Going “mono green” in Magic: The Gathering has proven itself to be quite powerful in the current format. The No. 1 reason I chose to switch from my Simic deck to mono green stemmed from an abysmal performance at local tournaments with an alarming inconsistency.
To put it bluntly, Simic was just a crappy archetype without its money cards, and even then it was not even a high-tier archetype.
Stripping my deck of its blue color and going pure green meant I could streamline my strategies. Instead of running into situations where I would be screwed by an absence of a given color, just having green in my deck means I only need to draw lands to supplement my deck.
Of course, as a result, my deck lost its share of built-in tricks and potential versatility in favor of relying on what the one color (green in this case) had to offer.
The Deck Recipe
The deck below has served me well so far. I only like to play Standard Format Deck Construction.
Though it is missing some strong green cards at the moment (i.e. such as a Garruk), the deck more or less functions pretty decently. With rotation coming up soon anyway, there is no point in hunting for cards that will be deemed no longer playable in Standard. I have to make use of this deck while I can.
Arbor Elf x4
Elvish Mystic x4
Elvish Visionary x4
Scavenging Ooze x3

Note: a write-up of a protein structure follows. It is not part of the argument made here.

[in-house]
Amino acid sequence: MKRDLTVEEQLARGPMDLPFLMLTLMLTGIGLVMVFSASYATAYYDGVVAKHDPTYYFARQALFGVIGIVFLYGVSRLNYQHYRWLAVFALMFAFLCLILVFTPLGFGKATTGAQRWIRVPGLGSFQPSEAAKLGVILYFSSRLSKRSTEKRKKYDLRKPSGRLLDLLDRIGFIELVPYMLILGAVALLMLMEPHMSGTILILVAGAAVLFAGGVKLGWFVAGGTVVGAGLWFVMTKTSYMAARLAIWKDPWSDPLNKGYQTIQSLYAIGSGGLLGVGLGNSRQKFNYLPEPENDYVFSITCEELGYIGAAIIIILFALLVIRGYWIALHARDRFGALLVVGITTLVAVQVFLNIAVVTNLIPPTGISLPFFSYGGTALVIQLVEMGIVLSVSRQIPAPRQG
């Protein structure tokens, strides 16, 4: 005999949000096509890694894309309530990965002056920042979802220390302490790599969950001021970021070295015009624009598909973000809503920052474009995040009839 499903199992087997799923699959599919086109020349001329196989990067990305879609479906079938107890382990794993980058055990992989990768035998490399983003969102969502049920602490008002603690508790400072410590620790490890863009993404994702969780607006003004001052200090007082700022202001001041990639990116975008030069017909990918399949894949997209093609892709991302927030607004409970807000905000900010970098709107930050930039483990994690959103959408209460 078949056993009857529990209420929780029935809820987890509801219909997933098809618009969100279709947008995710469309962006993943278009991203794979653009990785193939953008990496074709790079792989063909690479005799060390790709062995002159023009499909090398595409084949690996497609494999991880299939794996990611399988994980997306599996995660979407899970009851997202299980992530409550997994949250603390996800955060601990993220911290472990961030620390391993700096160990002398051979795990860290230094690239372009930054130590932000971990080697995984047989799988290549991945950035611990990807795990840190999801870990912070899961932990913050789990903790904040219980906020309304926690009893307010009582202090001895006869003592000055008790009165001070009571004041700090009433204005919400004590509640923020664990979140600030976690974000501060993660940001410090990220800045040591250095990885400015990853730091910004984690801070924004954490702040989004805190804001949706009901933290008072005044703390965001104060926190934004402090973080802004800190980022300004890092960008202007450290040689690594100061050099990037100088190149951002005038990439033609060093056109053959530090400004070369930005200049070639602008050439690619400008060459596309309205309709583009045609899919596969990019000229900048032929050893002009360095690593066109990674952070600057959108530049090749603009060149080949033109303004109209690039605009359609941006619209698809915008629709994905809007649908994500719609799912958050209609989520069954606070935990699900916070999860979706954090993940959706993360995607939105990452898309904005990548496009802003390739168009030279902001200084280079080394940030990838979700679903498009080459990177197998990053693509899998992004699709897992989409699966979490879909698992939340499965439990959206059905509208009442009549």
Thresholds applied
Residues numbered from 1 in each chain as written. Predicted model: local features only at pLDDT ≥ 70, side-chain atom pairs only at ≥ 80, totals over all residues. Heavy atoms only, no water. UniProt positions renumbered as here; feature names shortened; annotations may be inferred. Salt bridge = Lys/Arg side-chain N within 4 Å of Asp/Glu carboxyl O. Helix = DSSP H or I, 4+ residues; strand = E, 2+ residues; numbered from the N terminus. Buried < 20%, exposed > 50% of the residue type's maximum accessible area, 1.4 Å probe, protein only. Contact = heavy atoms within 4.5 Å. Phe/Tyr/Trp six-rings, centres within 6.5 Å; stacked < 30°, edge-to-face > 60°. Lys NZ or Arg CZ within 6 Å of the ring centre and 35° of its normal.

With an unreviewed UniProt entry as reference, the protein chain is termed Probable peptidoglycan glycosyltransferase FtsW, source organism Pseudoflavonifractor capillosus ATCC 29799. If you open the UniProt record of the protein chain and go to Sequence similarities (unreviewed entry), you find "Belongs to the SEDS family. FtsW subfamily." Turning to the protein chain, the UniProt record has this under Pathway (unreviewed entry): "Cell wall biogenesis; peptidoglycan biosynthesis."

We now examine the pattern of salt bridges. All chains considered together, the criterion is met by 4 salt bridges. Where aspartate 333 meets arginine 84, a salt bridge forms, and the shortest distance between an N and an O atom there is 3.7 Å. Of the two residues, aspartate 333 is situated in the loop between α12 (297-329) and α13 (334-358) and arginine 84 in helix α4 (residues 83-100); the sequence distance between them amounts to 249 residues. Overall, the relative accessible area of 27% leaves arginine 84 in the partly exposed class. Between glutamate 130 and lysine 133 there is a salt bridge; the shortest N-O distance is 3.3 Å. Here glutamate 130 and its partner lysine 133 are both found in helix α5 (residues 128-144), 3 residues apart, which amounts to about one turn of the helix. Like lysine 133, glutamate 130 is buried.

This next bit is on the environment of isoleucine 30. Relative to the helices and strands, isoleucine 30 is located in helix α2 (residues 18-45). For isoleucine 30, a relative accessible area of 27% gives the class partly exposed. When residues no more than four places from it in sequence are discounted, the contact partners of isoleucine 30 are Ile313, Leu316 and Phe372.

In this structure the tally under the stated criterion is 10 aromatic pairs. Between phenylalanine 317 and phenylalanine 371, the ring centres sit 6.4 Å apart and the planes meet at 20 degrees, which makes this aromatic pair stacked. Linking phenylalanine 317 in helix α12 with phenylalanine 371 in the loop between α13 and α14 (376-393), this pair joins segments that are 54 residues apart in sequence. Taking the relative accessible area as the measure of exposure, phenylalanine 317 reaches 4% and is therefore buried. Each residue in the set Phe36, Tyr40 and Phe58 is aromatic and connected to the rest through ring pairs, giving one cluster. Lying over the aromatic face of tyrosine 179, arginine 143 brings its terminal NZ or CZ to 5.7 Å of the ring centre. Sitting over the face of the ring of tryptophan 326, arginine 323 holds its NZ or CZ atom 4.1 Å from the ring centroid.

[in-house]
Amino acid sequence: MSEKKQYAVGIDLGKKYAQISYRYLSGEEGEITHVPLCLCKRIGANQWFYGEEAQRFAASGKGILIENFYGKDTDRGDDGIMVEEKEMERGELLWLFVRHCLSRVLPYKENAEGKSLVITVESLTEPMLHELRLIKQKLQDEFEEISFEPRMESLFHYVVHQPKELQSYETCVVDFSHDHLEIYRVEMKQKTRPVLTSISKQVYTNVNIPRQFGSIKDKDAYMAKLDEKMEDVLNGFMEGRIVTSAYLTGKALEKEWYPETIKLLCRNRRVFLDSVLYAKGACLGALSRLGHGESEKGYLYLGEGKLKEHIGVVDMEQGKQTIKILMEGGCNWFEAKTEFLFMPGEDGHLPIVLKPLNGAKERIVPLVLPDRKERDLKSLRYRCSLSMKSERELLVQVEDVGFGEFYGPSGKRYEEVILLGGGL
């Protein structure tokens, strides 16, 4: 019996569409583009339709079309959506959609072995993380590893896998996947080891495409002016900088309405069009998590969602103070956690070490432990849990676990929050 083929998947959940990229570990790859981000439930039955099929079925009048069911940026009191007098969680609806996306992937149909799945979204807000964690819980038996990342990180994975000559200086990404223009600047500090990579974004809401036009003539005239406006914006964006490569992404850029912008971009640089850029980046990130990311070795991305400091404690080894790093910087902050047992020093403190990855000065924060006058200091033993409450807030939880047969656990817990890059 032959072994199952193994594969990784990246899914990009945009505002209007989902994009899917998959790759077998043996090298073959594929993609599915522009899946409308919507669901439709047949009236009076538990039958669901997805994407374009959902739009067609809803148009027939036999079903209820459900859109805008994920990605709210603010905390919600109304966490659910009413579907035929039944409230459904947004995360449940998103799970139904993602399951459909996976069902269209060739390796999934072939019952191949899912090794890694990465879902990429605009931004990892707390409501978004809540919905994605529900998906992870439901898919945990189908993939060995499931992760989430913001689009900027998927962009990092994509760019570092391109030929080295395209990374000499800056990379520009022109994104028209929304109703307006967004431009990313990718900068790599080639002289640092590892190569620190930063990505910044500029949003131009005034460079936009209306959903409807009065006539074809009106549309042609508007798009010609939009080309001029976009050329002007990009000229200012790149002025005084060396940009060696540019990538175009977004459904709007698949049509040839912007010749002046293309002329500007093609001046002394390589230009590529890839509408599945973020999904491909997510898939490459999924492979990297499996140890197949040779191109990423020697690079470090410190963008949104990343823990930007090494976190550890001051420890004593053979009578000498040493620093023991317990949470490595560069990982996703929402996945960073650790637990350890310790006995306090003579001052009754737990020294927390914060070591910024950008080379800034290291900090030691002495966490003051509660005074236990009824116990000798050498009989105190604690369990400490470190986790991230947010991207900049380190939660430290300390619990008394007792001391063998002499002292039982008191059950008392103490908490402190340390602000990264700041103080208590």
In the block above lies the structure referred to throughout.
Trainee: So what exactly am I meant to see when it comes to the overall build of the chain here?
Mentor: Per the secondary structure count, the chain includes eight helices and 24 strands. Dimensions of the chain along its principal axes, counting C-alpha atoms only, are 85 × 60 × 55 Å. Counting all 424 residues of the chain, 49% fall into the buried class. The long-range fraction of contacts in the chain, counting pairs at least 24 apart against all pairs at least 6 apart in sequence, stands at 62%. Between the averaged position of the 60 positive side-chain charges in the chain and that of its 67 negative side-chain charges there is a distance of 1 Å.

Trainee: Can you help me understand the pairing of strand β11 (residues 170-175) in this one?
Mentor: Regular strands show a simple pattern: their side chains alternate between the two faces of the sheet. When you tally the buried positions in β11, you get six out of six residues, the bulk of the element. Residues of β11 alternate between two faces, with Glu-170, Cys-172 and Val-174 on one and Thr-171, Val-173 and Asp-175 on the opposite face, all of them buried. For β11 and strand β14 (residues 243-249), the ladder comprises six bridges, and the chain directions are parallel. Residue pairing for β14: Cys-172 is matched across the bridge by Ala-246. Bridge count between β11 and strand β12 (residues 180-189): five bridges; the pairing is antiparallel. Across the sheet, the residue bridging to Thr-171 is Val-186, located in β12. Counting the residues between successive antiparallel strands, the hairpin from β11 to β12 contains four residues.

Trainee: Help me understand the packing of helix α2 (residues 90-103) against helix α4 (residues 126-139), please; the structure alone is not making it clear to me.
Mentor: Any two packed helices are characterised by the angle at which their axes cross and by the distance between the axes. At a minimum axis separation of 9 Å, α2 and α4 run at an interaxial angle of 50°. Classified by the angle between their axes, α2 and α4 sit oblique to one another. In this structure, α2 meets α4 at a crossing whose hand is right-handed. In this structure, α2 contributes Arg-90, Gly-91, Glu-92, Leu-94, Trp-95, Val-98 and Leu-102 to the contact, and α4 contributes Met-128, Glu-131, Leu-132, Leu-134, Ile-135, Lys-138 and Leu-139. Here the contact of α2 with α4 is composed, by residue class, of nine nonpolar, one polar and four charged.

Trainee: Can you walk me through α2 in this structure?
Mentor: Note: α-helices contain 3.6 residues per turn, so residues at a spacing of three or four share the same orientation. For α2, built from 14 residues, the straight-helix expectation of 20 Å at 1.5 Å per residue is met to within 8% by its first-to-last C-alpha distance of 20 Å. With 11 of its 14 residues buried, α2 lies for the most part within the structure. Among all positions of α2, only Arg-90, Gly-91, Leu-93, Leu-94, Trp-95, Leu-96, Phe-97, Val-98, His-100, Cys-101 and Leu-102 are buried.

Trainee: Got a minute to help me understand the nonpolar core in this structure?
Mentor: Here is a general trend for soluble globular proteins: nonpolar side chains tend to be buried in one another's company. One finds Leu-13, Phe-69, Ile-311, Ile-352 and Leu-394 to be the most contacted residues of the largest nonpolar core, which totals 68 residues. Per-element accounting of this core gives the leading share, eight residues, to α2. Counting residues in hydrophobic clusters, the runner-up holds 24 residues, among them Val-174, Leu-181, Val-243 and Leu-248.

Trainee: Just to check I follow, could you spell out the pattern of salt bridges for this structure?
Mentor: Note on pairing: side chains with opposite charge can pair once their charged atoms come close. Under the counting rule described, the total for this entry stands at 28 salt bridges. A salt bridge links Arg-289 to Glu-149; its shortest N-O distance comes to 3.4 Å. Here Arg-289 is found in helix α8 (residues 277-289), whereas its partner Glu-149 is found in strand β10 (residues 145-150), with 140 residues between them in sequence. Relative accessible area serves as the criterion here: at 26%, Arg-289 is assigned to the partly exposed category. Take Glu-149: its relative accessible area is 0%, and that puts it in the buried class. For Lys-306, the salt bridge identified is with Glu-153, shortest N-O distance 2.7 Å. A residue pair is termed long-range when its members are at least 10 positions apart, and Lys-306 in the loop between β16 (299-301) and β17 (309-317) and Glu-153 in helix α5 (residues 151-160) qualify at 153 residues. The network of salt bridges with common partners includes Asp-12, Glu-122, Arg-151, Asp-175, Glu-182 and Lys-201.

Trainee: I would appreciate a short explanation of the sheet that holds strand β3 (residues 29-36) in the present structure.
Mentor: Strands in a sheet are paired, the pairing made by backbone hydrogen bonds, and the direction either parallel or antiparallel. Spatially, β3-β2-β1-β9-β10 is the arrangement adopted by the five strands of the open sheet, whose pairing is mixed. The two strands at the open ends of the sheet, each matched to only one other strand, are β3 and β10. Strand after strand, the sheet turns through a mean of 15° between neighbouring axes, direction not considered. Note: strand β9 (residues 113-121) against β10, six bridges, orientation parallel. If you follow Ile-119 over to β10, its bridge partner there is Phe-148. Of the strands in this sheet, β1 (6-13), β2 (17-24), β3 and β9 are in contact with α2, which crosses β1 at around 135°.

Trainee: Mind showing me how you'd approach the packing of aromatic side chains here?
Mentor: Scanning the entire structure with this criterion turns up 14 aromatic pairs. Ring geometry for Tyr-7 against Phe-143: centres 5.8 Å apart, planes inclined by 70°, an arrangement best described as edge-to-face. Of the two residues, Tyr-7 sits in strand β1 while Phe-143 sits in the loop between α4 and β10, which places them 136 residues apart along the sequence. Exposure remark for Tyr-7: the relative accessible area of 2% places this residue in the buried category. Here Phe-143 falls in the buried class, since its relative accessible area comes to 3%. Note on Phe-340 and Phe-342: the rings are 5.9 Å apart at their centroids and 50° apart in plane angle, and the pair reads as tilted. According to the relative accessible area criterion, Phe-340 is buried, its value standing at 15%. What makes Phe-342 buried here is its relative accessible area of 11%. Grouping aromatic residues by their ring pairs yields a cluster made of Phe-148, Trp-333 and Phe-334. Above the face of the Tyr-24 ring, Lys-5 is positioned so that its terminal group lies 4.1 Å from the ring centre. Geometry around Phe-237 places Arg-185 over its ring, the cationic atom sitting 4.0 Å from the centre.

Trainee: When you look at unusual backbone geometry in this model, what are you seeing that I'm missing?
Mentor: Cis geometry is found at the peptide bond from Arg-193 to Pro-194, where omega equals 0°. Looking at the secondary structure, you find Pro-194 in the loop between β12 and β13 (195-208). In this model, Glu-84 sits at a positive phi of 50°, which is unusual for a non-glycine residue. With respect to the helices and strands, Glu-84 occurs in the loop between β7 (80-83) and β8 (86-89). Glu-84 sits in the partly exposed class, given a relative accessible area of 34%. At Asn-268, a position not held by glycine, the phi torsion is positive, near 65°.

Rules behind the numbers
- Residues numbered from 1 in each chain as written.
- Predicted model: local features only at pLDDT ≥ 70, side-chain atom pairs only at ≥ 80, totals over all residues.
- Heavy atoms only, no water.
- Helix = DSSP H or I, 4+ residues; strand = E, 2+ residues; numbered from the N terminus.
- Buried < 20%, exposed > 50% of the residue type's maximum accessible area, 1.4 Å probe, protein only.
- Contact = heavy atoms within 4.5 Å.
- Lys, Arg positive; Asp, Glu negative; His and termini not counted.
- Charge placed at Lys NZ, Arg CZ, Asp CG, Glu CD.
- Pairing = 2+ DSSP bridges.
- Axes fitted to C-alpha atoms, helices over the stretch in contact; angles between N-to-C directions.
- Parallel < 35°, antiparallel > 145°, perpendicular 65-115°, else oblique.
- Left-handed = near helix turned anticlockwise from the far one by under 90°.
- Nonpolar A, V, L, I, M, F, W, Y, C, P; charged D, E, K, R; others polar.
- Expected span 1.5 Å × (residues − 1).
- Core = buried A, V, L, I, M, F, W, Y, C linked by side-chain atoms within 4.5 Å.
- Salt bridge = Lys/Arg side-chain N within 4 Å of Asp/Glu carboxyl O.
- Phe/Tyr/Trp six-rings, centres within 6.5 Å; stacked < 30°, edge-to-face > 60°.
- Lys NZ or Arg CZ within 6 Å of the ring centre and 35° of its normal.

Strangleroot Geist x4
Champion of Lambholt x2
Elvish Archdruid x4
Predator Ooze x4
Deadbridge Goliath x1
Kalonian Hydra x1
Wolfir Silverheart x3
Garruk’s Horde x1
Craterhoof Behemoth x1
Alpha Authority x1
Pit Fight x3
Predator’s Rapport x1
Ranger’s Guile x3
The deck is geared as a “green ramp/mid-range” strategy. For instance, below is an example of how a “good” hand would function for this deck.
So just three turns in, your board state would look like …
This is a nasty army of creatures at just three turns into the game. Plus, you have a good source of mana coming your way to play even bigger, scarier creatures a turn or two sooner if you can maintain this pace.
The deck is thus quite straightforward in this regard. It does not really rely on many fancy tricks or anything like that. It just focuses on playing big creatures to beat your opponent down with sheer power. It may not be stylish, but winning is winning. Sometimes, you need to sacrifice some style points for efficiency.
The sideboard just provides options to protect my big creatures from removal and other pesky cards.
For instance, Ranger’s Guile offers a great way of shielding my creatures from targeted effects, allowing them to continue terrorizing my opponent’s side of the field.
Green also has its own ways of eliminating specific threats. Cards like Plummet (a situational means for dealing wi certain threats) are sided in for the right occasions.
Overall, I am quite fond of this green deck, but alas I will have to rethink my strategy once Theros hits the Magic scene. A chunk of this green deck will be rotating out, so I might not be playing mono green in the next set unless I find good replacements for some card slots.
But in the meantime, mean green is fun to play in this format.